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Neon Yang’s The Black Tides of Heaven: Slackcraft and Gender Choice

IN THE June 19 ISSUE

FROM THE 2021 Articles,
andFantasy & Fangs,
andSharon Tucker
SECTIONS

by Sharon Tucker

A considered silence simmered. Then Yongcheow spoke. “The saying goes ‘The black tides of heaven direct the course of human lives.’” To which a wise teacher said, “But as with all waters, one can swim against the tide.” His gaze was unshakeable as it fixed on Akeha. “I chose to swim.” —Neon Yang, The Black Tides of Heaven

fantasy non-binary authorI’m not quite sure what I expected when reading Neon Yang’s The Black Tides of Heaven (2017). Terms like silkpunk and Asian fantasy/mythology were running through my head, but other than a passing acquaintance with Zen koans, the Tao te Ching, and the Mahabarata, I was in unfamiliar waters. I soon learned that “Silkpunk” is the term writer Ken Liu has coined for the genre of a “very specific technology and literary aesthetic” blending magic and technology in an Asian setting. Neon Yang’s Tensorate Series, of which The Black Tides of Heaven is the first, has been my introduction to what might be called silkpunk by some (if not by others), and it does seem to fall within the late 19th and early 20th century with a mix of machines, munitions, rebellion, and magic sometimes powered by technology and sometimes just awash with magical forces and legendary creatures.

Chingbee, a city in The Protectorate, is our scene where the Protector rules the land from her lofty palace. Our story begins with her fulfillment of a promise made to Abbot Sung to send one of her children to him to be brought up in the monastic tradition. The promise is fulfilled, yet there’s a twist complicating the favor that is the first of many twists of fortune in the story since the promised child turns out to be twins, Mokoya and Akeha. They come to the monastery six years later to begin their training, but it is soon evident, as the years pass and the children are taught the ways of Slackcraft, that Mokoya has a gift for prophecy and a destiny that will reach far beyond the monastery. Akeha’s gift is for Slackcraft, the heart of the Protectorate. When they reach adolescence, they come to a time when many have chosen to remain genderless, as all children were raised or to choose to be male or female. Mokoya chooses to be female, then Akeha chooses to be male. The pronouns they/them are used before this choice in order to be all inclusive. The twins’ paths diverge as they move toward adulthood and their lives differ radically as one joins a rebellion and the other’s dreams inform against that same rebellion, so the reader, too, is pulled in opposite directions. Three more novellas follow this first volume, so much more adventure is to be had.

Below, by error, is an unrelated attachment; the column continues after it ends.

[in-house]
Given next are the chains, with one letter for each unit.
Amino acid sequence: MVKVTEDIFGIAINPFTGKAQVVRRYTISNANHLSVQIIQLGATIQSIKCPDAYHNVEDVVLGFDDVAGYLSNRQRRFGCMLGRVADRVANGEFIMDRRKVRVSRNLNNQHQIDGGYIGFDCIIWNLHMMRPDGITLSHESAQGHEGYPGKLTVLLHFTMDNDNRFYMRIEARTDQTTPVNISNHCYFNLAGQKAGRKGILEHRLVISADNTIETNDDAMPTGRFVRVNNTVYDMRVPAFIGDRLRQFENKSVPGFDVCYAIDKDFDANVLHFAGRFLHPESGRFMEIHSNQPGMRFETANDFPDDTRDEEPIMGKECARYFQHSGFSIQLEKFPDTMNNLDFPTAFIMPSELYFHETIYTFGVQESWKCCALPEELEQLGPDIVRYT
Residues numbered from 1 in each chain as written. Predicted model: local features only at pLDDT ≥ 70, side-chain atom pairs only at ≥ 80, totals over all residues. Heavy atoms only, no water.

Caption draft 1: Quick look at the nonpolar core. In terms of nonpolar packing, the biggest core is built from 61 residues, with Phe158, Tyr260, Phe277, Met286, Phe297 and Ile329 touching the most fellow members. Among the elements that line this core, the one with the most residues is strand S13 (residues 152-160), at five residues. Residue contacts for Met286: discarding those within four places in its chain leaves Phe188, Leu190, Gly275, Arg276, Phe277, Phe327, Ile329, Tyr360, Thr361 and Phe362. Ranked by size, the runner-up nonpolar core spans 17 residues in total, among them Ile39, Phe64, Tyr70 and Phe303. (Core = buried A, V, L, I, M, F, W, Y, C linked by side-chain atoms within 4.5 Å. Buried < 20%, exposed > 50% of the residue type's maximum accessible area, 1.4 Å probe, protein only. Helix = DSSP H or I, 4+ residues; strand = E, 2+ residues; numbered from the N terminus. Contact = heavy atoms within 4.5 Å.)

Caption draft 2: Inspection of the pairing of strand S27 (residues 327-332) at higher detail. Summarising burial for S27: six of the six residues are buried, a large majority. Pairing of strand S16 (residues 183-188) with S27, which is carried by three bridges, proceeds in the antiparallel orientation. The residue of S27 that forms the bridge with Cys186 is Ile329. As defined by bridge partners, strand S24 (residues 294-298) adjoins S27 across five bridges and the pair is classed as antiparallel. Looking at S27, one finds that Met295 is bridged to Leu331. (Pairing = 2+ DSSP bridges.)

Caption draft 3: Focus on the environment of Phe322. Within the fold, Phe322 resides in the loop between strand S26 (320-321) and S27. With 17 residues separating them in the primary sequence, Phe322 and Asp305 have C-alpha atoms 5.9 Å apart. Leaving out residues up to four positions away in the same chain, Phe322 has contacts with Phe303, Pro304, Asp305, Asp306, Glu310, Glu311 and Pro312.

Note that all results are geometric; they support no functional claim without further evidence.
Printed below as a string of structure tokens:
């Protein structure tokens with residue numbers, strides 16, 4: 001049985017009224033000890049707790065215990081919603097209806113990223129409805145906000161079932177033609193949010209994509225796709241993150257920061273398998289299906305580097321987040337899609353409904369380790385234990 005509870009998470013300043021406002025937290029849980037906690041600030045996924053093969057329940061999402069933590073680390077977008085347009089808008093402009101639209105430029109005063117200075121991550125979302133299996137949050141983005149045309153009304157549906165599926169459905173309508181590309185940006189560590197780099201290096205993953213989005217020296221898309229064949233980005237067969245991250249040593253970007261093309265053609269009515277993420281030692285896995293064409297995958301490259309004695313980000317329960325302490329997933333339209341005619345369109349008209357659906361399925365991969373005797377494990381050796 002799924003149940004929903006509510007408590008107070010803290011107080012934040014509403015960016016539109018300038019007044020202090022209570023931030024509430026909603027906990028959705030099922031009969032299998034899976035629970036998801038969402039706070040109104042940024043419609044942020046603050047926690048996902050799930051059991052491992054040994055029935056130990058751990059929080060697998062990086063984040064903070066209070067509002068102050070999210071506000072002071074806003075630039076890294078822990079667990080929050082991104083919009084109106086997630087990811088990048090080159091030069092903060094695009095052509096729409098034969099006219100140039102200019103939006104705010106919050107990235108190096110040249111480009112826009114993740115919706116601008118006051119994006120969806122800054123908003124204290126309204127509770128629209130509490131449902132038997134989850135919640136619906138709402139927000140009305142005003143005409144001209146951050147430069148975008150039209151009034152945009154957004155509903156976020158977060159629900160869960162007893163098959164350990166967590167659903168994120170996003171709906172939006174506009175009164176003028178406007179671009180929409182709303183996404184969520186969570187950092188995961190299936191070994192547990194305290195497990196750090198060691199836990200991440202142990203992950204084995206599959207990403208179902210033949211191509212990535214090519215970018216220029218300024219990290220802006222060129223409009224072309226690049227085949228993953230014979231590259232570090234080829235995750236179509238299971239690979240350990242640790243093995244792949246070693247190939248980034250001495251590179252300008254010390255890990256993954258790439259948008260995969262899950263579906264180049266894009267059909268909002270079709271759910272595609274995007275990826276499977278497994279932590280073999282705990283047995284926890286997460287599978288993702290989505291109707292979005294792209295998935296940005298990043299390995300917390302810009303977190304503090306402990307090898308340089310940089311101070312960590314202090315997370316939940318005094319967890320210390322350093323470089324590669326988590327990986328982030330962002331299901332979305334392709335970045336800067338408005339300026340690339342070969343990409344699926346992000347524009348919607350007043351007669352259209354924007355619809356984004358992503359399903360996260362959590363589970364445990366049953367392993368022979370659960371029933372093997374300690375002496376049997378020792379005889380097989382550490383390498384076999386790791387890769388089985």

Yang presents all sides of their world politics dispassionately, while their characters are hotly involved in one of the other—no mean trick, that. The world they built is a beautiful one, and I must say that other writers have spent hundreds of pages in doing what Yang accomplishes in less than 300. Do remember too that even the mythological creatures Yang invokes may be monsters to us, but they have their own logic in behaving the way they do. So, too, their characters. The Black Tides of Heaven covers so much territory in so little time that you may be as breathless as I was at its end.

You can use this link to purchase the book on Amazon. If you have ad blocker on you may not see the link:

Sharon Tucker is former faculty at the University of Memphis in Memphis TN, and now enjoys evening supervising in that campus library. Having forsworn TV except for online viewing and her own movies, she reads an average of 3 to 4 books per week and has her first novel—a mystery, of course—well underway.

Disclosure: This post contains links to an affiliate program, for which we receive a few cents if you make purchases. KRL also receives free copies of most of the books that it reviews, that are provided in exchange for an honest review of the book.

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